Next in line? For Jake Thompson, Zach Eflin's promotion an ‘extra boost'


ALLENTOWN, Pa. — The starting rotation at Triple A Lehigh Valley looks a lot different than it did just five weeks ago. For nearly two months, the IronPigs' staff was led by Zach Eflin, Jake Thompson and Mark Appel, a trio of right-handers who spent time in big-league spring training and looked close to debuting in The Show.

Eflin graduated to the majors, where he's made four starts. Appel is out for the season after undergoing elbow surgery Wednesday. Thompson is the last one left.

But if Thompson, one of five prospects acquired from the Rangers in last summer's Cole Hamels trade, keeps pitching the way he has lately, his promotion could be next.

"I was extremely happy for him," Thompson said Wednesday when asked if Eflin's call-up made him realize he might be next in line. 

"For me, seeing the Phillies are actually — especially this early in the season — willing to go get a young guy that's not on the 40-man roster and give him a chance ... not that I need any more incentive to go out and work harder, but seeing that, it gives you a little extra boost."

Thompson has needed no extra boost lately. He's had a terrific month of June, going 3-0 with a 0.76 ERA and .211 opponents' batting average. He's allowed three earned runs in his last 35⅓ innings to lower his season ERA from 4.23 to 2.88.

Like teammate Nick Williams (see story), also a part of the Hamels trade, Thompson got off to a slow start this season after dominating last summer at Double A Reading. Thompson blamed it on poor mechanics that led to misses over the plate.

"I was putting my body into bad positions to try to make pitches, and against some of these veteran, experienced hitters, they were taking advantage of 2-0, poorly located fastballs or hanging breaking balls late in counts," Thompson said. "That doesn't play here and that definitely doesn't play in Philly either."

Now, Thompson is locked in and locating all of his pitches, mostly utilizing his sinker and slider. Both look like major-league ready pitches. Thompson also has a four-seam fastball and curveball, but it's the sinker-slider combo that has generated so many groundballs lately.

Thompson has induced 49 groundballs in last four starts. That's the pitcher he's become. In 22 starts in the Phillies' system, Thompson's groundball rate is just a hair under 50 percent. 

It's natural when looking at Thompson's stats to wonder where the strikeouts have gone. When the Phillies acquired Thompson, he had 330 strikeouts in 329 minor-league innings. But in 135⅔ innings with Reading and Lehigh Valley, he's struck out just 97 batters, or 6.4 per nine innings.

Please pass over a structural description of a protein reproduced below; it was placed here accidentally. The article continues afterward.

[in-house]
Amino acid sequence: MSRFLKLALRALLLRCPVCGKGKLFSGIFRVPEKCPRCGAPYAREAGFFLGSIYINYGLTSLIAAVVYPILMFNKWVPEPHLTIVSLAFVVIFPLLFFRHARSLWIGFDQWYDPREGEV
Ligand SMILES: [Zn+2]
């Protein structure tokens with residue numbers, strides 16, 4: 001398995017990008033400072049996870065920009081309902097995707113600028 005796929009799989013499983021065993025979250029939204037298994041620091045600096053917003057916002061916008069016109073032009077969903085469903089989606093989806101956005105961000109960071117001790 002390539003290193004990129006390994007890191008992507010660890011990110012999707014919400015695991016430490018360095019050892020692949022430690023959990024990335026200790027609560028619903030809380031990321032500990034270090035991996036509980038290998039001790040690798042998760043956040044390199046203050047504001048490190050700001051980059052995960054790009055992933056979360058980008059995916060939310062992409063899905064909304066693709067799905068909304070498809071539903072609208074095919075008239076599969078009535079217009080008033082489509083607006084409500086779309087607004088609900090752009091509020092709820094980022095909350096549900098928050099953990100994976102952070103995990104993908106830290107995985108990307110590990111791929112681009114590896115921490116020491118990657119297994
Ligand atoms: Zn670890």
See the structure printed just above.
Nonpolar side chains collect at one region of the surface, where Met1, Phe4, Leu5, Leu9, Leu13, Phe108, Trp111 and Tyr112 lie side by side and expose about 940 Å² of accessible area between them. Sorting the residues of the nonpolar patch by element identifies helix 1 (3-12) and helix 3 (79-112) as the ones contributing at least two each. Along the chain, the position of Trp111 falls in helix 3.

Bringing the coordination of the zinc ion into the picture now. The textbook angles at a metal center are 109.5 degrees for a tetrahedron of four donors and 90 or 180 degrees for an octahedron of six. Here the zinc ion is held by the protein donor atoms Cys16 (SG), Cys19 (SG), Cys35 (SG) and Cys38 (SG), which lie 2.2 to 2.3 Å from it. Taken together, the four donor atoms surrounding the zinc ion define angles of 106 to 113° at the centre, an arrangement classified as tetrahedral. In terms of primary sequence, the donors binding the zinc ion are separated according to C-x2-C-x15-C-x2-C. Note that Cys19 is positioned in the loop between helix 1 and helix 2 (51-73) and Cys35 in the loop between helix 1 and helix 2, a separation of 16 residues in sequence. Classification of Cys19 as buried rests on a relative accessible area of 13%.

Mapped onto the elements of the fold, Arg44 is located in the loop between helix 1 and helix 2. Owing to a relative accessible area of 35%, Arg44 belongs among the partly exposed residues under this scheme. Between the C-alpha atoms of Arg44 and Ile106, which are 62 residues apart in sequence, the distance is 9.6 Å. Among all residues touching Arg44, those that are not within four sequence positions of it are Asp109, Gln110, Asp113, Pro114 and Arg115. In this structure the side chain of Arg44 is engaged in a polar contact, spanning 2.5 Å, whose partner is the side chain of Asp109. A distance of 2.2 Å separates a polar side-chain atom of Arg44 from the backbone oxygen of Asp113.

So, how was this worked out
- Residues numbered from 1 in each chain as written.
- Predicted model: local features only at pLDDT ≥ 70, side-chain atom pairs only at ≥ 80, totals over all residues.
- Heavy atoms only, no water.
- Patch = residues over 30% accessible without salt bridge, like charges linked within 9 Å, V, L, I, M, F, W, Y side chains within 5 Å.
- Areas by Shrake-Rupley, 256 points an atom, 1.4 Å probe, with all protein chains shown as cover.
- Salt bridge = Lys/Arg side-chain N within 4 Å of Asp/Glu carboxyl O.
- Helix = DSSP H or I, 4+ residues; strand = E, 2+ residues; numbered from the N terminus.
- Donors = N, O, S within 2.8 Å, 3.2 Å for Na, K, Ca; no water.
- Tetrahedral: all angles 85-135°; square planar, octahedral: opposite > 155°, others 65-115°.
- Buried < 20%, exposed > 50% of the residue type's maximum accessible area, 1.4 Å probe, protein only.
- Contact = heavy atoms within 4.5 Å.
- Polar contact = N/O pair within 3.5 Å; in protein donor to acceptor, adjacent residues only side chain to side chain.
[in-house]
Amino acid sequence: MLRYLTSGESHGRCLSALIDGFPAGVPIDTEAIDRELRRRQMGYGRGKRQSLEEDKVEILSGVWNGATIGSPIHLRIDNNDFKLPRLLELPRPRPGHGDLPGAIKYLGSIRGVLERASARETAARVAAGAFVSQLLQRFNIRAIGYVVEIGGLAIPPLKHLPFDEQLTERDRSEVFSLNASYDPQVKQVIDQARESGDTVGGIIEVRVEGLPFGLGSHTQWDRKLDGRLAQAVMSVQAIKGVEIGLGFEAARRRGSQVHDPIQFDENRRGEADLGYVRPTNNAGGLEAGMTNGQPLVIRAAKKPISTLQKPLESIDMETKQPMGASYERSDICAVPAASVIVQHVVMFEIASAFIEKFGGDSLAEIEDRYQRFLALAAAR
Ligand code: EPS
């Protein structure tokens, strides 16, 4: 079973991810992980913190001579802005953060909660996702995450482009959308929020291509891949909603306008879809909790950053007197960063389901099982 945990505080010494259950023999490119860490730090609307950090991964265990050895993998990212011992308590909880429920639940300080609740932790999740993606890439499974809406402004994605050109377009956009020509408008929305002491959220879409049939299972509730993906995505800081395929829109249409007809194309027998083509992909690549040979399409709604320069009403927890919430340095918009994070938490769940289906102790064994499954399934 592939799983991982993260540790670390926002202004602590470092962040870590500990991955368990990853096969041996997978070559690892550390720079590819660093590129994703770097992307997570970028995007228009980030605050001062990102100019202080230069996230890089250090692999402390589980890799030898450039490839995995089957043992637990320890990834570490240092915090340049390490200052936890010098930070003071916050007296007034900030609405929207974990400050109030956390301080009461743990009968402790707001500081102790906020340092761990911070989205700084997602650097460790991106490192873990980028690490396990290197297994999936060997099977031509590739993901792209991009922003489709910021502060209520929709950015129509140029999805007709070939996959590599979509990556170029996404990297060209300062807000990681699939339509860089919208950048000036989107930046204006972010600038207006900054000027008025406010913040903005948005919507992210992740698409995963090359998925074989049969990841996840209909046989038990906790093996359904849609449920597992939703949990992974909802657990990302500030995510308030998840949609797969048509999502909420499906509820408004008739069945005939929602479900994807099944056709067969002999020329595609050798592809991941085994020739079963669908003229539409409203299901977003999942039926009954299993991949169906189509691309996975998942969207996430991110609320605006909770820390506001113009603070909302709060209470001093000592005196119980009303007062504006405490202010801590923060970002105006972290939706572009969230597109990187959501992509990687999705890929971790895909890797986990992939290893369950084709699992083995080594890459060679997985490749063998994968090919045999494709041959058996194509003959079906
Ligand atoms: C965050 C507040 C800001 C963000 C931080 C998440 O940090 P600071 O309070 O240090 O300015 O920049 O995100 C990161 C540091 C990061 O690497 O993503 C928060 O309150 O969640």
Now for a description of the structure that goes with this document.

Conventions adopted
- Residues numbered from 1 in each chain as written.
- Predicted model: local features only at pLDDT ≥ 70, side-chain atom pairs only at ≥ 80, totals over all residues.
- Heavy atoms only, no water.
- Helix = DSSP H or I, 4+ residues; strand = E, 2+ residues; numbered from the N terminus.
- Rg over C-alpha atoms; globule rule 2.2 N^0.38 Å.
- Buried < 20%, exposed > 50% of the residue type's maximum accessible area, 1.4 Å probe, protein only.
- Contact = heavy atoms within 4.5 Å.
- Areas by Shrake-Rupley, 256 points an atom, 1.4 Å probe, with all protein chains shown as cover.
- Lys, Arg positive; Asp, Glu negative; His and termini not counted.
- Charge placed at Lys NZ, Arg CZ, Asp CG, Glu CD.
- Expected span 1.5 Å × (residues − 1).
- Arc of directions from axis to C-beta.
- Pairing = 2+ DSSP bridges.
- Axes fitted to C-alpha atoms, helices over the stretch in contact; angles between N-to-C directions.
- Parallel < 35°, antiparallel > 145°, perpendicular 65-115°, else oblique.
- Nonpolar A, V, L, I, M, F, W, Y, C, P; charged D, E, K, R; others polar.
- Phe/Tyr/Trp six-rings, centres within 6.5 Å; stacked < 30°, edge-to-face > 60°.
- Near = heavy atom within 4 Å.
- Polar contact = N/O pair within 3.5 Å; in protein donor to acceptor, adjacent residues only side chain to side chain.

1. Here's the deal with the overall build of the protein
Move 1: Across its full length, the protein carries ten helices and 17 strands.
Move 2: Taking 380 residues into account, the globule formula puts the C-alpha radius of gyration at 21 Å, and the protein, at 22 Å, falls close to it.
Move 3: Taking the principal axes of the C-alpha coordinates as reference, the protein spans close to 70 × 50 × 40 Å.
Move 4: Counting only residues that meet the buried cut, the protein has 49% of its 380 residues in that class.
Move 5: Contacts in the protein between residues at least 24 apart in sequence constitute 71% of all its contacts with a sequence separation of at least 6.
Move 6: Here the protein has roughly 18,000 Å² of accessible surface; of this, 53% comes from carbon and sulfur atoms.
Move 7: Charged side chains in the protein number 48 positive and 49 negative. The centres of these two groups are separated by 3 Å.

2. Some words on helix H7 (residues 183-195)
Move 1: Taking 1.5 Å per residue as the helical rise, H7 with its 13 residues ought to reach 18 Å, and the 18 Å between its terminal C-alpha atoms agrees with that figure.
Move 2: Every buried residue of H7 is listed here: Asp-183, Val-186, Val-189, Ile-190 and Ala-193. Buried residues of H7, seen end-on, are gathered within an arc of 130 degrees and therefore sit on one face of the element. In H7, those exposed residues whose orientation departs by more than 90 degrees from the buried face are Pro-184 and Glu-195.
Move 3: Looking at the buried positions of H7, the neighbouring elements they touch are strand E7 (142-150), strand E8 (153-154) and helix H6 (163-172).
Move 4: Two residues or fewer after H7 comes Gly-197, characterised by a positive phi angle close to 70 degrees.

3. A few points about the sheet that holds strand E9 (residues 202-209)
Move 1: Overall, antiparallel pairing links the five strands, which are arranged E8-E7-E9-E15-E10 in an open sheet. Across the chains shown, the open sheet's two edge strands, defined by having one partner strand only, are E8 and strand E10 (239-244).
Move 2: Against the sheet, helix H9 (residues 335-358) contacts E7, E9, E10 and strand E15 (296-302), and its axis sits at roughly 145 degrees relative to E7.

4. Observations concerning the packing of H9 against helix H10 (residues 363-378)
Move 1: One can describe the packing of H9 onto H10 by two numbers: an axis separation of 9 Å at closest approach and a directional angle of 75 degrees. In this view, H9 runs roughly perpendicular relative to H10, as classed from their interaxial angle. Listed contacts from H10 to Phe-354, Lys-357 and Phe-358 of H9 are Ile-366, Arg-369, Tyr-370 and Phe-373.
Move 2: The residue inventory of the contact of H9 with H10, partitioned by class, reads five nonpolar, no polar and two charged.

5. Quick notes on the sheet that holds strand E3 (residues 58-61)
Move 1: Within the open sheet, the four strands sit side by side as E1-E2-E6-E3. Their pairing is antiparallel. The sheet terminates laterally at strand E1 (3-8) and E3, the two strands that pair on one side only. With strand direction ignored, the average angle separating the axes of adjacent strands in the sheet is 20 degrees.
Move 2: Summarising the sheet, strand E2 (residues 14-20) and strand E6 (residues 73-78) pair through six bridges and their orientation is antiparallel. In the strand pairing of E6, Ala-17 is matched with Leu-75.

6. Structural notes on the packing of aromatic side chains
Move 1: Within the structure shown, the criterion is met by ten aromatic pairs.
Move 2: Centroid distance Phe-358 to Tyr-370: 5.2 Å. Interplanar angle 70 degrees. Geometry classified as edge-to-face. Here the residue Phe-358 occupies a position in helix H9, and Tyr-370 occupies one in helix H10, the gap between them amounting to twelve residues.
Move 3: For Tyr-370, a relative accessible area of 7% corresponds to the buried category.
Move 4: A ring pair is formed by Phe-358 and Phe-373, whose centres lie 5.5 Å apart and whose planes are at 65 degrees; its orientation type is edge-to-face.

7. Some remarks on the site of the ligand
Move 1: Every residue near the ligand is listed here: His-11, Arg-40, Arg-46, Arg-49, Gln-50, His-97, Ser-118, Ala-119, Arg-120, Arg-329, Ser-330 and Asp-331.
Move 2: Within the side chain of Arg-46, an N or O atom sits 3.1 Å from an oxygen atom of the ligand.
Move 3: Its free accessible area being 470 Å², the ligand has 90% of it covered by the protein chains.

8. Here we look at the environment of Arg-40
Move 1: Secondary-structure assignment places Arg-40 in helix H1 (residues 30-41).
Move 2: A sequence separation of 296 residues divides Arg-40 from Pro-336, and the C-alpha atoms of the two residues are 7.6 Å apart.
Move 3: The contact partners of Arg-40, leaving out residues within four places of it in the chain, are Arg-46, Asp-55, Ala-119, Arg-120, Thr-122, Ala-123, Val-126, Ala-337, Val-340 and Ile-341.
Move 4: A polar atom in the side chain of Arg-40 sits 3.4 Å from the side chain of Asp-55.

"More than anything, I think I'm executing some pitches early in counts, which might be taking away from the strikeouts a little bit but I'm getting more double plays, more groundball heavy, which is good," Thompson said. "I think as the season goes on, hopefully with a little bit better execution later in counts the strikeouts will come. But I'm extremely happy with how many groundballs I'm getting.

"Very rarely do I like go out and try to get a groundball. Usually you're talking about generating weak contact, not necessarily a groundball. I think it's just me being good mechanically and being able to locate down in the zone."

Thompson says he can still alter his approach in clear strikeout situations. That's important, and it's something the Phillies wanted to see Eflin improve upon in the minors this season after Eflin struck out just 4.7 batters per nine innings last year. 

"Sometimes in strikeout counts, maybe go four-seam heavy and the velocity is gonna go up a little bit," Thompson said. "I think the mindset (in strikeout situations) is just be a little bit more aggressive with all your pitches, every pitch you're trying to make a swing-and-miss pitch or really trying to dot a hard four-seamer away. So the mindset kind of changes a little bit, and I think that spills into the velocity and everything goes up with it."

Thompson was billed as a hard thrower when the Phillies acquired him from the Rangers. He was billed as a hard thrower when the Rangers acquired him from the Tigers the year before for reliever Joakim Soria. But these days, you'll see more 90-92 mph pitches from Thompson than 94. 

Throwing 90 to 92 might not get Thompson national attention or praise from outlets that rank minor-leaguers, but it's made him more effective. You can't argue with results. You can't argue with the 2.52 ERA Thompson has since joining the Phils' system.

"One of the big things is, (earlier in my career), I tried to go out and throw harder, faster, better, stronger," Thompson said. "But I think my game is more suited to every now and then easing off the gas pedal and let the ball sink, use my breaking ball. I got too wrapped up in trying to be a big velocity guy."

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